i have my doubts that i’m the only person who felt estranged from PS over the years. when the coverage turned from master songsmiths like carole king and john hiatt to modern fluff purveyors like alicia keys (who graced the cover twice, in 2005 and 2007, the latter containing a bonus article on that legendary master of wordcraft, kid rock), a lot of the folks who put performing songwriter on the map simply tuned out.
maroon five on the cover in 1997 turned out to be a harbinger of things to come. later, we’d get covers featuring jimmy jam and terry lewis, mary j blige, lionel richie, david bowie…with insighful articles on such master songwriters as….
…nikki sixx of motley crue.
nay, i shit you not.
those of you who know me know that i’m not a folk nazi, and i don’t think anyone ever thought for a minute that PS was going to be a single-minded celebration of singer/songwriters…the audience is too small and fragmented to support a publication as openly ambitious as PS was. when i fell in love with it, i foresaw it growing into a magazine that would eventually bring together disparate songwriting communities from various genres with an emphasis on artists whose persona emphasized their songwriting chops. i could easily digest an issue with room for roseanne cash alongside marc cohn alongside gillian welch alongside ben harper alongside ben folds alongside marshall crenshaw alongside erykah badu alongside ron sexsmith…blah blah blah.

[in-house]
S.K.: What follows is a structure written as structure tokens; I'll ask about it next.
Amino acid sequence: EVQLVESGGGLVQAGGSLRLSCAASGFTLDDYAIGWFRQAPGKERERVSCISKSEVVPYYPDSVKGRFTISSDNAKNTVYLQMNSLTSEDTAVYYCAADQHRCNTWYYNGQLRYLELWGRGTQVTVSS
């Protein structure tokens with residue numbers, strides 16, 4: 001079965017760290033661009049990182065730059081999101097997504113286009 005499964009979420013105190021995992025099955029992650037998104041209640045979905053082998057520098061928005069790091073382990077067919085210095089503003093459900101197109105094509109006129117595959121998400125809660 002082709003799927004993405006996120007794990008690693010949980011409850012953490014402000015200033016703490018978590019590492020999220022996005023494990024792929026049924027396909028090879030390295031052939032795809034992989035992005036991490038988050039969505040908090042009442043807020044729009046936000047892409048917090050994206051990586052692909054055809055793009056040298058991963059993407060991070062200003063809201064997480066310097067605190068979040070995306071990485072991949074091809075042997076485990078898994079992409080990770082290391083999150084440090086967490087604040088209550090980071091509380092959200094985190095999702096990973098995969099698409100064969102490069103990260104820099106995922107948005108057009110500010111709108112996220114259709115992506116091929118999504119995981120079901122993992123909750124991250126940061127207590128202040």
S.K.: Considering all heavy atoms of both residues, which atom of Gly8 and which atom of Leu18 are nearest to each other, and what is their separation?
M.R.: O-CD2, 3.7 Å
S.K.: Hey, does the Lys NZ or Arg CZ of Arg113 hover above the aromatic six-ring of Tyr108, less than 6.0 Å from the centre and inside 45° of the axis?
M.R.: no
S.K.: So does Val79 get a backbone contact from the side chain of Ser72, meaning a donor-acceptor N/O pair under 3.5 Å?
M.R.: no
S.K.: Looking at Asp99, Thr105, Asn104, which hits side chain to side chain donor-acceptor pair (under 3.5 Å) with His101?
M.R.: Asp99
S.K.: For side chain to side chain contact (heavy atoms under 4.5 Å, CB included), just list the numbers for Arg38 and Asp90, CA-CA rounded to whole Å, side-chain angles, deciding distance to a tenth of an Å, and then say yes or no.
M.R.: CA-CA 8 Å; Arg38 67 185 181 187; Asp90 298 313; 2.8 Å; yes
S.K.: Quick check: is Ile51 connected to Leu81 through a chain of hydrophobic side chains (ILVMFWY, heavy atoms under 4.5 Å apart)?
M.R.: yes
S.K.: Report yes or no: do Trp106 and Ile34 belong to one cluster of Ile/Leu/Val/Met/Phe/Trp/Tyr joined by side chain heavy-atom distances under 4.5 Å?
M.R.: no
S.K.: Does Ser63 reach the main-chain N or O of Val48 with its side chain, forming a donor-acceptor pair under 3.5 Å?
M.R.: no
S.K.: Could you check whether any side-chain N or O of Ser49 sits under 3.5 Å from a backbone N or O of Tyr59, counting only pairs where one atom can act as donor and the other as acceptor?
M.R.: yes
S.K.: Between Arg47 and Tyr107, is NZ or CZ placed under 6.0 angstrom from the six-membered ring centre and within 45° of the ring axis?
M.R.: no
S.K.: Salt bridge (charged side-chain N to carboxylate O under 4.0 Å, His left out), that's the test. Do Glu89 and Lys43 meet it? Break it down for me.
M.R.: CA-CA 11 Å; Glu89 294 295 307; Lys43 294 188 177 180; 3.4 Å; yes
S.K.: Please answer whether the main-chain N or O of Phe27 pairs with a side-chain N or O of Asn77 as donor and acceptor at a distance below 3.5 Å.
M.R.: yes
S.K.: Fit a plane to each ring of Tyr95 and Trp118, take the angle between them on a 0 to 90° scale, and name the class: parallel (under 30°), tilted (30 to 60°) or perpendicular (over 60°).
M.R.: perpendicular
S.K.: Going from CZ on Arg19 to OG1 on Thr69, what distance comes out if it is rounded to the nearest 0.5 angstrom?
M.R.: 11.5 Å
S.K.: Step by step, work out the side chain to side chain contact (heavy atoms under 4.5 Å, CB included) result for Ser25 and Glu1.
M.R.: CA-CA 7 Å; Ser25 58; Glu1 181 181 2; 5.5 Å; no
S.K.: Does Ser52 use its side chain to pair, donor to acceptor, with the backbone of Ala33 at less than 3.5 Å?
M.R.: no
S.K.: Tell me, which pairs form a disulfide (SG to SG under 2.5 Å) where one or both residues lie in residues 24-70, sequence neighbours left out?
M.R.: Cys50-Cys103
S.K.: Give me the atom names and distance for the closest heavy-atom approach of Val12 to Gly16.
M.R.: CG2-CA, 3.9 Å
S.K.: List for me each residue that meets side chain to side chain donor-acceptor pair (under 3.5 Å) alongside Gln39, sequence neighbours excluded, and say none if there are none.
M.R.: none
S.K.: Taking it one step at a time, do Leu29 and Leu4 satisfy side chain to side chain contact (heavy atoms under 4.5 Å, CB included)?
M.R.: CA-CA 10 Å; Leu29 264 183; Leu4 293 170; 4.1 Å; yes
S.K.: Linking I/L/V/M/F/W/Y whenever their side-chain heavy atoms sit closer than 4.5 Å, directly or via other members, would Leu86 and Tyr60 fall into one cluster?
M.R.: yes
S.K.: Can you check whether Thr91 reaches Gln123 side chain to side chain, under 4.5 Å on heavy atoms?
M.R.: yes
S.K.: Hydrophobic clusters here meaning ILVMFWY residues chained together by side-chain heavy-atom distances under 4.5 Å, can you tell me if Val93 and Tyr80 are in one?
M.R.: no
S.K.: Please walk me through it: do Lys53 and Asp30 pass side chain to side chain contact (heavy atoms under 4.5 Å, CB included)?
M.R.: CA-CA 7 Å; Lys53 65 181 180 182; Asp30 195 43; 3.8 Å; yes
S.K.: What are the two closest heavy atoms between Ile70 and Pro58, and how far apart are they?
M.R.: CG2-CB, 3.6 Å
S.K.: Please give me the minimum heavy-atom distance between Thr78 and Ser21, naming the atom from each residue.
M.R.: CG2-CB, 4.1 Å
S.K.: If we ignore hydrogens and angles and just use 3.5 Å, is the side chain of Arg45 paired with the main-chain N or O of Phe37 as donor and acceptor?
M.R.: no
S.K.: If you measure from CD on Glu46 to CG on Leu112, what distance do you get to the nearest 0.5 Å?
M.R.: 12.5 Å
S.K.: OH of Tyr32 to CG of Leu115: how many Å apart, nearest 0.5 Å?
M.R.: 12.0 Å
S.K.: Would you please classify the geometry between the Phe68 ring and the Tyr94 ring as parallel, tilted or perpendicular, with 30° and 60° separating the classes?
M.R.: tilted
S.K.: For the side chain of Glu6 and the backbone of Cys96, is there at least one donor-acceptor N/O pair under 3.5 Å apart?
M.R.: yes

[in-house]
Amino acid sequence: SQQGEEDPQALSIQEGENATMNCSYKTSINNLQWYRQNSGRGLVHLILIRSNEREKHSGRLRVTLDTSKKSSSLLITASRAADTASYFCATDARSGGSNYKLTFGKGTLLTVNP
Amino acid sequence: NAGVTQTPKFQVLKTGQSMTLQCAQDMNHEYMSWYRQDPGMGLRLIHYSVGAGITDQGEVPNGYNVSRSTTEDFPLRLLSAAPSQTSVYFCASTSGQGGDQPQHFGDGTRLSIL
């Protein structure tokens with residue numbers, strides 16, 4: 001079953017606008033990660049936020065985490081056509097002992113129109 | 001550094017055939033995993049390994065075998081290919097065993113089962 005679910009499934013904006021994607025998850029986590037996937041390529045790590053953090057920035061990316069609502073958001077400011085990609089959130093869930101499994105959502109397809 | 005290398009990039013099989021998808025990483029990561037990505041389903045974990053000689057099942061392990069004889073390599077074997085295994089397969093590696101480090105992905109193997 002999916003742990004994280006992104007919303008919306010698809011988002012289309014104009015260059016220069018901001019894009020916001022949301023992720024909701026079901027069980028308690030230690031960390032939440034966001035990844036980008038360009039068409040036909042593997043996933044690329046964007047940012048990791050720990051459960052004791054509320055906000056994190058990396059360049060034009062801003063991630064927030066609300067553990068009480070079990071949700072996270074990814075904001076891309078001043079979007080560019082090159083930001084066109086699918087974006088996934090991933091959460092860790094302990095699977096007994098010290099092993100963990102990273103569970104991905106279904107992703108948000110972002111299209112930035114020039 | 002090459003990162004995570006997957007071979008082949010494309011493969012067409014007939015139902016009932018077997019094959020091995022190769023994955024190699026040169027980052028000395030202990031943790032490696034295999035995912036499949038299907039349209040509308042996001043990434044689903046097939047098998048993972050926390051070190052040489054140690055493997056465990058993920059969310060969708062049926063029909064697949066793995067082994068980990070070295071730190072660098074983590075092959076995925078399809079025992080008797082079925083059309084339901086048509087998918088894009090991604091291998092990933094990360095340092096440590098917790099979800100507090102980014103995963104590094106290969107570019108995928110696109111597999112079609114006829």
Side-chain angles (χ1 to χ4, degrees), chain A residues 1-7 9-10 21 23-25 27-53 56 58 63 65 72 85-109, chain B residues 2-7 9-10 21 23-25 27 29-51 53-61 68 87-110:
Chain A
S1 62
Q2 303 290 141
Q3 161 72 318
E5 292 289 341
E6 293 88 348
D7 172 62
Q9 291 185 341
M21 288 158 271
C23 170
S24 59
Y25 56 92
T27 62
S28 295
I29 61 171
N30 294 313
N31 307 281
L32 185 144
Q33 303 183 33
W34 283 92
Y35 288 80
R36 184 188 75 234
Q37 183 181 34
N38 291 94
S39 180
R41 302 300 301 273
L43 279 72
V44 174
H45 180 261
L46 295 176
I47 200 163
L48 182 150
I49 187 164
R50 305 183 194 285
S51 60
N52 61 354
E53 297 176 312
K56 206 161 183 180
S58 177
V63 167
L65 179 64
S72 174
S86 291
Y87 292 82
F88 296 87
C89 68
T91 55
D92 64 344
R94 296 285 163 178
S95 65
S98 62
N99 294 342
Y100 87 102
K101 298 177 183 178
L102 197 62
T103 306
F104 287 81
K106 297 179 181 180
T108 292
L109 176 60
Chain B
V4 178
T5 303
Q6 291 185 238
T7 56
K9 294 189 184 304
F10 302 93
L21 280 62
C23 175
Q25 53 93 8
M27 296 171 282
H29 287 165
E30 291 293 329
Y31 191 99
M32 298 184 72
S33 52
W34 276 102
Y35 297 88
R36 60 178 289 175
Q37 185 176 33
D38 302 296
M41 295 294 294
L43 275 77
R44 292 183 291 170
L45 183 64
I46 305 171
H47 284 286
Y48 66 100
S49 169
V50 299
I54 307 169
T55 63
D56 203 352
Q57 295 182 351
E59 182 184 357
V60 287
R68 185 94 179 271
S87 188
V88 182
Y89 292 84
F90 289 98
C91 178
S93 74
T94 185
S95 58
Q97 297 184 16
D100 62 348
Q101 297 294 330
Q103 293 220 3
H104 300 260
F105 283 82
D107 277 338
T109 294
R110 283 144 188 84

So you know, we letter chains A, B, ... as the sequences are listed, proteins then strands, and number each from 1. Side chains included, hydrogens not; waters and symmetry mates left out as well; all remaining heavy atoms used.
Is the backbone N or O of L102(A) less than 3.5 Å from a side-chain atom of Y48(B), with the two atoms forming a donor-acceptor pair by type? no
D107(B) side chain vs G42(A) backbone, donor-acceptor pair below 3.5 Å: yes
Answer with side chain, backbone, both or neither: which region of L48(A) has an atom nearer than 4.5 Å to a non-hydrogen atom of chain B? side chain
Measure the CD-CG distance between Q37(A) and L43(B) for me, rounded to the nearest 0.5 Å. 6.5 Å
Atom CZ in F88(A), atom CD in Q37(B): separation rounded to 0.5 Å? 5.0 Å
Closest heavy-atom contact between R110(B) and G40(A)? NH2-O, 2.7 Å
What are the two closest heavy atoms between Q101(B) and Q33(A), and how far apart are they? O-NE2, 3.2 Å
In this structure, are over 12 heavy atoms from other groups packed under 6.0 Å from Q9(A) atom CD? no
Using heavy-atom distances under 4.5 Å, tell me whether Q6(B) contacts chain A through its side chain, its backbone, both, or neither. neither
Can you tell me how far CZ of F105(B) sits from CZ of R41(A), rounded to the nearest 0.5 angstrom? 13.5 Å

but…lionel richie? come on, now.
from glancing over the covers of the magazine from front to back, there appears to be a trend of pandering for the sake of selling magazines to people who had little or no interest in the core group of artists that were initially part of their platform – which is fine, but to believe that you would be pulling converts over to the publication on a long term basis by featuring artists so far afield of their primary demographic as some of the folks they put on the cover in recent years is…well, far fetched.
in that respect, it’s only fitting that such a heralded, legendary songwriter with a decades-long lineage of timeless classics to their resume as pink, no less, should grace the cover of their final issue. it’s an almost blatant-yet-subconscious nod to why they should call it a day in the first place…never mind the additional coverage given in their swan song issue to such songwriting giants as…mick fleetwood? seriously?
still, as far afield as they wandered over the years, losing performing songwriter will create a void that losing an industry ragsheet like radio and records doesn’t really hint at. from all appearances, the magazine was on solid ground from a financial perspective – they didn’t resort to the public pleas for reader assistance that some other music magazines have had to resort to, nor did they opt for the online-only status that others adopted.
they simply pulled the plug.
perhaps it was a “beat the economy to the punch” thing, perhaps the publishers were just ready to give the magazine the kevorkian treatment before old age did it for them, or maybe they just felt – as i’m finding that i feel – that they shouldn’t be capable of sleeping at night after such a dick move as putting pink on the cover of a songwriters’ magazine.
sometimes, when you’ve lost your way, the best thing you can do for yourself is to simply stop walking.